To encourage employers to voluntarily offer paid coronavirus leave of the type previously mandated by the FFCRA, ARPA Congress has authorized federal tax credits to employers that provide such leave on a voluntary basis. Unlike the Families First Coronavirus Response Act (FFCRA) enacted a year ago, the recently enacted American Rescue Plan Act of 2021 (ARPA) does not require that employers provide any form of special paid COVID-19 related leave to employees. However, between April 1 and September 30, 2021 employers with fewer than 500 employees who provide employees with emergency paid sick leave (EPSL) and/or extended family and medical leave to employees affected by COVID-19 can still claim the same tax credits offered under the FFCRA.
ARPA re-sets as of April 1, 2021 the limit on the tax credit available for EPSL (80 hours in wages per full-time employee), and it increases the number of wages available for the tax credit for paid expanded FMLA from $10,000 to $12,000 per employee. ARPA also provides additional qualifying reasons for employees to take the paid leaves: (1) time off to get vaccinated; (2) recovery from a condition, illness, or disability related to the vaccination; and (3) the employee is seeking or awaiting the results of a COVID-19 test or diagnosis.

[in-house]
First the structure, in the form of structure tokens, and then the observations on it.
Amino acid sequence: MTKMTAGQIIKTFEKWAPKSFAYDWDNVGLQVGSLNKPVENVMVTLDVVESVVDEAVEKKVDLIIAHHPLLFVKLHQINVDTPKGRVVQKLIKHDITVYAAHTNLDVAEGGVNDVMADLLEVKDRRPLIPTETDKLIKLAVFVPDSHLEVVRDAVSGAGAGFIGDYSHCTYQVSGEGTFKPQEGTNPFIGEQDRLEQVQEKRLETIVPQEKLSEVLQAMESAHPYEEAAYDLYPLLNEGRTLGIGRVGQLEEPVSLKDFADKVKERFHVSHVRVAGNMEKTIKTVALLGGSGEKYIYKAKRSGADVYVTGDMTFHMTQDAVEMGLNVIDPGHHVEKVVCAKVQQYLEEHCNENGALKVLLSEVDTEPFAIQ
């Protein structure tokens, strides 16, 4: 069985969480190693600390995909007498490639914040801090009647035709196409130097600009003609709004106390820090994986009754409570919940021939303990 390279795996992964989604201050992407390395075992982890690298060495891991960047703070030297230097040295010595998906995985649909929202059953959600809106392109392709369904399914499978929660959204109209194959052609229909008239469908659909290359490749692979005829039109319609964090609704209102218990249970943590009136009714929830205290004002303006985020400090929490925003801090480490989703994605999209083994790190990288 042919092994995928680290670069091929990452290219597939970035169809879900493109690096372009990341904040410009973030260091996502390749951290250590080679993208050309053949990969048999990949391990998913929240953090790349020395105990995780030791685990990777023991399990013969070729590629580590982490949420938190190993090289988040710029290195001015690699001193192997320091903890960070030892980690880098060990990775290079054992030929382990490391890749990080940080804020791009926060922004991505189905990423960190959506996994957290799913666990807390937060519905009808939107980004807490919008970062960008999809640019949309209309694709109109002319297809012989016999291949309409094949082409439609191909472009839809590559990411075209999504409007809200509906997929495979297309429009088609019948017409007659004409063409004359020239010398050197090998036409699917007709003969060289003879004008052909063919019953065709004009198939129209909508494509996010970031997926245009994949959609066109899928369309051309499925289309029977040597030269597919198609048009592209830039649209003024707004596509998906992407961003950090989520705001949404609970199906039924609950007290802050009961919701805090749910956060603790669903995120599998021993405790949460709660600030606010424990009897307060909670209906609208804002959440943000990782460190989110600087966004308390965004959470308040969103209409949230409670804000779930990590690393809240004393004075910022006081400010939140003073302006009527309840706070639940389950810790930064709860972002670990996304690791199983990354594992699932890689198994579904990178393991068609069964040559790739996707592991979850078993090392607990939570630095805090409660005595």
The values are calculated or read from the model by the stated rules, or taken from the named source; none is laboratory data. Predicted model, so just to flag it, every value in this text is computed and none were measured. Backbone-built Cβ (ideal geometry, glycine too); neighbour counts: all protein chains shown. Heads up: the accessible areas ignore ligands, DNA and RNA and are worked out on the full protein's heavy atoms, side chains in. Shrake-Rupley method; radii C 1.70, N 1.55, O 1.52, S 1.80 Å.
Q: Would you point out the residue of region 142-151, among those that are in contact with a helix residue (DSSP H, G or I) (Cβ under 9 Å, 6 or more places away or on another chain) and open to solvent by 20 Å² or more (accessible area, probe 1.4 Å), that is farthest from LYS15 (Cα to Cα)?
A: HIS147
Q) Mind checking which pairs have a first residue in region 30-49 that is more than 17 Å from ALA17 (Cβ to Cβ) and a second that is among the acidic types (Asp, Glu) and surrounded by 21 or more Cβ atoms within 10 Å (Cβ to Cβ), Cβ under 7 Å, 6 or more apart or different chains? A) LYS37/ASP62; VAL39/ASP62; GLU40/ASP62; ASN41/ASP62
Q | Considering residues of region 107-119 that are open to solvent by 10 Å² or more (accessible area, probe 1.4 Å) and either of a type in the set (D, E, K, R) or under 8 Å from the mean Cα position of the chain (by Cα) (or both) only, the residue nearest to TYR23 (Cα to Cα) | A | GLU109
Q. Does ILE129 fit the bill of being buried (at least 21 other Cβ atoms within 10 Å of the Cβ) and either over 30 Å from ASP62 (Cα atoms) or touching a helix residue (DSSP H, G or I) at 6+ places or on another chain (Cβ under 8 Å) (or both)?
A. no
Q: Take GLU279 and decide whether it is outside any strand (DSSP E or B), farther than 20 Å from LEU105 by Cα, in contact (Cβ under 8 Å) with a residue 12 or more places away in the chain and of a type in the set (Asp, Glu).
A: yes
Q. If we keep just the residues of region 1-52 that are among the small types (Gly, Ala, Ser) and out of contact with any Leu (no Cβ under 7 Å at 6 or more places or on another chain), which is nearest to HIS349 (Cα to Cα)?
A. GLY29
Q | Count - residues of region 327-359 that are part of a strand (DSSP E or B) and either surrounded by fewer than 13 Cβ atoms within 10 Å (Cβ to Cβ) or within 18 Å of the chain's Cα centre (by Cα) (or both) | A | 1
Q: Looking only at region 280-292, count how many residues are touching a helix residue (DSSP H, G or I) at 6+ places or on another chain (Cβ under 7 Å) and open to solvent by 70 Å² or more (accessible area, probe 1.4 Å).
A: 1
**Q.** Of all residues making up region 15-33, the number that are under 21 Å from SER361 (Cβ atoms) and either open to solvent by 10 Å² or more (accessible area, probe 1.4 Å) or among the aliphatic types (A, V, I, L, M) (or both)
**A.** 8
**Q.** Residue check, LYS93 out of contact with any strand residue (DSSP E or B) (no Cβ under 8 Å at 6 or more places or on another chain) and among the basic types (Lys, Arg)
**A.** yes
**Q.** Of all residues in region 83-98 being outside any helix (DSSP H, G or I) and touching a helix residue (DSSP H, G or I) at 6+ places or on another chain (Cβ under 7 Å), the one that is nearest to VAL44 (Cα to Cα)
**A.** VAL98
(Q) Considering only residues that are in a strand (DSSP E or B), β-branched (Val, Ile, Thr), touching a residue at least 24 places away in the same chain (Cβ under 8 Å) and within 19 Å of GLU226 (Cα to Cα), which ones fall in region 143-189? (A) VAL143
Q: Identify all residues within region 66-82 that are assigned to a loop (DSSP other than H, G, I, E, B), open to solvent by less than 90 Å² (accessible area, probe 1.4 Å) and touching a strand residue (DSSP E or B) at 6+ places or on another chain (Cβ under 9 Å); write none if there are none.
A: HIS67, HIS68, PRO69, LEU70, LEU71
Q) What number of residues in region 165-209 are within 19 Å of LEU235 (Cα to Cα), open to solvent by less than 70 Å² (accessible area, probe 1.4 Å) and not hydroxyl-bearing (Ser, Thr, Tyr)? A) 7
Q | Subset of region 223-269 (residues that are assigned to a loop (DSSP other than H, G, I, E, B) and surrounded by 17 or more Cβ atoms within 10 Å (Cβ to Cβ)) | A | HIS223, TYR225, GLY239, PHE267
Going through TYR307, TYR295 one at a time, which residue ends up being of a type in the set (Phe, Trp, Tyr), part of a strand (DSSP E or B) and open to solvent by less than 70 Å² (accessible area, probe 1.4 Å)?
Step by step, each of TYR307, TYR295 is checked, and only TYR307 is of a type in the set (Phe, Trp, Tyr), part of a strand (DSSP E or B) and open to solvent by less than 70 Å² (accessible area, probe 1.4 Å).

Employers should be mindful that the anti-retaliation provisions of the FFCRA are still applicable to past use of FFCRA benefits even if employers do not voluntarily extend benefits under ARPA. Employers are prohibited from discharging, disciplining, or in any way discriminating against employees who sought or obtained EPSL or extended FMLA leave. Retaliation also will disqualify employers from the extended tax credits, as will treating highly compensated employees, full-time employees, or employees with more tenure differently under such a voluntary paid sick leave plan.